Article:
The aristocrats bought many dog breeds, like Spaniels, greyhounds, and mastiffs, for hunting. These breeds were expensive, and only the elites could afford them. Many laws even prohibited commoners from purchasing costly dogs and entering the hunting grounds.

Thus, most middle-era paintings have hunting scenes of nobility with their dogs on chasing grounds.
Engravings of dogs at the tombs of their deceased masters were also common. These dog images depicted fidelity and affection.

Renaissance and Regency

Credit: Renaissance and Regency

History Today

Credit: History Today

Aristocrats often presented their canines in banquets to showcase wealth, power, and taste. One such remarkable example is the famous illuminated manuscript, ‘Les Tres Riches’ by the Limbourg brothers. The manuscript portrays a greyhound lying on the floor before the buffet table. This Renaissance pet reflects the high status of the duke hosting the banquet.

Les Tres Riches

Credit: Getty

Five Key Facts about Dogs in Renaissance Art

Renaissance art brought a welcoming change in society. As artists moved towards humanism, people saw a decline in the portrayal of biblical scenes. Humans, animals, and other mythical creatures became the main subjects of paintings.

People saw the massive presence of dogs in Renaissance artwork. Artists used dogs to illustrate mythological meanings and represent society's contemporary attitude. Let’s explore the five key facts about dogs in Renaissance art:

1) Dogs were a symbol of loyalty.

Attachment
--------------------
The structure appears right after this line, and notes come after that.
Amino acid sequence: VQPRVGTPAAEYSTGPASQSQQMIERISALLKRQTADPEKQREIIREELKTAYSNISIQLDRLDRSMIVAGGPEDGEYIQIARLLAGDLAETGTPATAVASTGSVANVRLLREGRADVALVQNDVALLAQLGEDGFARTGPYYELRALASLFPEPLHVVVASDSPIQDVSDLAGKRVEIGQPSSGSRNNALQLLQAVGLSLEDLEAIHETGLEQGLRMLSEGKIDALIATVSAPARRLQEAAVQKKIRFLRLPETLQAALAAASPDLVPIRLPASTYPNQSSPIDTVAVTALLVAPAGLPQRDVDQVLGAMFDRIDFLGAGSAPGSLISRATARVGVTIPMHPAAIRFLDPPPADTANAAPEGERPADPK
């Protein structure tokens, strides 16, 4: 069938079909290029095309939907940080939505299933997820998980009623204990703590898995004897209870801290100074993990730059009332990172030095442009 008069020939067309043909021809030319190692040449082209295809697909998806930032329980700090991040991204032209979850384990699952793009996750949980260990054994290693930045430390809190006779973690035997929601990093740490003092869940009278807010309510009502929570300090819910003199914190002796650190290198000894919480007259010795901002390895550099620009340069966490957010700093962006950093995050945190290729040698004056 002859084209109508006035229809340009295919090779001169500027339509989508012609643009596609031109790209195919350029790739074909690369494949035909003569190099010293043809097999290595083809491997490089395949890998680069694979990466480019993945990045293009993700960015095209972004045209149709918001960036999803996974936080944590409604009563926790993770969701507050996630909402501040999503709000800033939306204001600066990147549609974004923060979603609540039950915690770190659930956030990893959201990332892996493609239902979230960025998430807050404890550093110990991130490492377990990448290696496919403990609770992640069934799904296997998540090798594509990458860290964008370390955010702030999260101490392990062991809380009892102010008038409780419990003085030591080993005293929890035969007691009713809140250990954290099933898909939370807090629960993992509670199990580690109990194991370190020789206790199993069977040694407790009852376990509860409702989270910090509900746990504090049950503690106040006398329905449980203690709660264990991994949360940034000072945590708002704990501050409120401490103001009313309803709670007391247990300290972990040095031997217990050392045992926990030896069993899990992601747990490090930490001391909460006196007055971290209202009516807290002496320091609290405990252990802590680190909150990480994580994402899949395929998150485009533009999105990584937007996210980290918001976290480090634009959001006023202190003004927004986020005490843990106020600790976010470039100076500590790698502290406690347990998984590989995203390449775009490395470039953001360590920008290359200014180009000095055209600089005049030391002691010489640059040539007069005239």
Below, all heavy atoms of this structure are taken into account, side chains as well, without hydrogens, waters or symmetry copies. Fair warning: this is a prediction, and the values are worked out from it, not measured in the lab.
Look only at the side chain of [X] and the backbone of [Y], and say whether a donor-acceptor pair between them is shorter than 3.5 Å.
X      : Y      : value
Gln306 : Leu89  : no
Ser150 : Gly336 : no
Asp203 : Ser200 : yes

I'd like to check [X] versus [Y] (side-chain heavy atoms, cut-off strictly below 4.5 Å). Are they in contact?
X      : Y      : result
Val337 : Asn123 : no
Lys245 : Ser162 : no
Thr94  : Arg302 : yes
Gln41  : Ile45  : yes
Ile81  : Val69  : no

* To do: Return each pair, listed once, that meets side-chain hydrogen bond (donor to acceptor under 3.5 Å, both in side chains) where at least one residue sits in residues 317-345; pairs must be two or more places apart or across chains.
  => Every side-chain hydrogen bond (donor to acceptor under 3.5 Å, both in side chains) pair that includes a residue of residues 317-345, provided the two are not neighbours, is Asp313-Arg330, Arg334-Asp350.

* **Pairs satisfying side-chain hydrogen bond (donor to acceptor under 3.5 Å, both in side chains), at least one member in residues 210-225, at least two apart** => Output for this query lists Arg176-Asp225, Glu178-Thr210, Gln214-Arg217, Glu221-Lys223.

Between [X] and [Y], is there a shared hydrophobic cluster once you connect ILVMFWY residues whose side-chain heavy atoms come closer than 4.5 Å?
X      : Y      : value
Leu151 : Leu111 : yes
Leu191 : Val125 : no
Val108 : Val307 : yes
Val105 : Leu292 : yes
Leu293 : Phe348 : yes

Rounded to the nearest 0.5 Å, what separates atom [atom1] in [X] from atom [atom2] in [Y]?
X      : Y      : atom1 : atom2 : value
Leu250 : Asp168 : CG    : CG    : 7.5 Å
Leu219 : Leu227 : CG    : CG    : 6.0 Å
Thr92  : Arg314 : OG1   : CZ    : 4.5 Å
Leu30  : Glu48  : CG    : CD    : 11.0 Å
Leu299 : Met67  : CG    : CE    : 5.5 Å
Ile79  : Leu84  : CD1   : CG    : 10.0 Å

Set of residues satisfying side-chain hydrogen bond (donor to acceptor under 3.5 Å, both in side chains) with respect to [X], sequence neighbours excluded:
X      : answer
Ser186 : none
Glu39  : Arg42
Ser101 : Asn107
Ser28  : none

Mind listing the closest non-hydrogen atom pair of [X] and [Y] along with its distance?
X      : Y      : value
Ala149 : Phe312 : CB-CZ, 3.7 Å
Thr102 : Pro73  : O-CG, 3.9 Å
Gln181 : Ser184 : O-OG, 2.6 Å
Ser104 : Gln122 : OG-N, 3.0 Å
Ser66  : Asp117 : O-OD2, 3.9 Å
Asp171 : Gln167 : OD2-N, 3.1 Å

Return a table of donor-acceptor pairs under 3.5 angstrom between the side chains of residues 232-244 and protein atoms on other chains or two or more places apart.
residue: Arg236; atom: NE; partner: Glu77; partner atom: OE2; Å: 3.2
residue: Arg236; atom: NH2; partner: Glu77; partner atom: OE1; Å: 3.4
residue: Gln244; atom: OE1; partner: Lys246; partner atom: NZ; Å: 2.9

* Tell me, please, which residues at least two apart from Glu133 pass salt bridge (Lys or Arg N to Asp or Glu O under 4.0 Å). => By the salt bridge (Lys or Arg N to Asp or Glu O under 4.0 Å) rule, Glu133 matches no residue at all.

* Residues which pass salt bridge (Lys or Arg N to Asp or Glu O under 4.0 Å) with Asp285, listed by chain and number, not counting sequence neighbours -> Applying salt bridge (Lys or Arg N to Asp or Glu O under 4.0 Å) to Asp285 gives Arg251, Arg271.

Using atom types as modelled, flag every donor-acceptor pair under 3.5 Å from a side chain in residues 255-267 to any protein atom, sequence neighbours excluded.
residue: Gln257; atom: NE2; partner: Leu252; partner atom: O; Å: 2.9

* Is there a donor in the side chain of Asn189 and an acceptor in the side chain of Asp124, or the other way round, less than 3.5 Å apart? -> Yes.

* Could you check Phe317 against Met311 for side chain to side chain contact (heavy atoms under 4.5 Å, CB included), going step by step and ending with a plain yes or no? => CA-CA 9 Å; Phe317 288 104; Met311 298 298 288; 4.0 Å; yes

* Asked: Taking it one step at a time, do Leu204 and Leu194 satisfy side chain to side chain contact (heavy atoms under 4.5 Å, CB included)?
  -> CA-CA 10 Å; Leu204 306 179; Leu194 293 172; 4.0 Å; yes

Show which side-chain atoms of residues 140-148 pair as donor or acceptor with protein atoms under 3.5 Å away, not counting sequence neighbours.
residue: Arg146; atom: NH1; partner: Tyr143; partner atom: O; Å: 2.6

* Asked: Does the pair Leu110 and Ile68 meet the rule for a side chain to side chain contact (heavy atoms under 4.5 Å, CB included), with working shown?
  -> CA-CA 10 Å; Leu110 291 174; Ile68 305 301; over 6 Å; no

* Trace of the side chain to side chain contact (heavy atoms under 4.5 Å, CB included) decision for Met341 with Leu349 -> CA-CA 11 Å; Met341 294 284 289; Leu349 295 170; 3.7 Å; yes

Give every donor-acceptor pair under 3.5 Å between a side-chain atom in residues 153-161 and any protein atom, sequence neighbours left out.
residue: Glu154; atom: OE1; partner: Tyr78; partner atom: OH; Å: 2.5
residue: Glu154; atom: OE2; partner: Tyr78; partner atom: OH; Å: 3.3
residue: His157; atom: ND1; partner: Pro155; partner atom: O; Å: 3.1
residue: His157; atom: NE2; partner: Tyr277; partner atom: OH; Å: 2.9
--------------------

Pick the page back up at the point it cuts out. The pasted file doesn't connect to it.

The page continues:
The Renaissance artists pictured dogs in their paintings to symbolize faithfulness and fidelity. Most artwork related to marriage had dogs signifying the purity and unconditional love among partners. Dogs depicted the loyalty two persons had for one another.

A remarkable example of a Renaissance pet representing marital fidelity is Jan Van Eyck’s ‘The Arnolfini Portrait.’ This double portrait depicts the Italian merchant Giovanni Arnolfini with his wife in a residential setting.

While some claim that the Renaissance pet in the portrait conveys the commitment between husband and wife, others argue that it represents the couple’s desire to have a child. Unlike the couple, the little dog gazes directly at the viewers, trying to grab the viewer’s attention.

Renaissance pet

Credit: Wikipedia

Another fine example of a Renaissance painting having a dog is Titian’s ‘Venus of Urbino.’ The artwork illustrates a nude young woman expressing her marital duties towards her husband. The allegorical representation of the dog in the frame shows the woman's dedication to her husband and their relationship.

Renaissance painting

Credit: Wikipedia

2) People considered dogs a regal and royal species.

Dogs in Renaissance art reflected the wealth and power of nobles. The Italian aristocrats and patrons often adopted canines as domestic animals to show their position in society. Canines were expensive, and only the rich could afford them.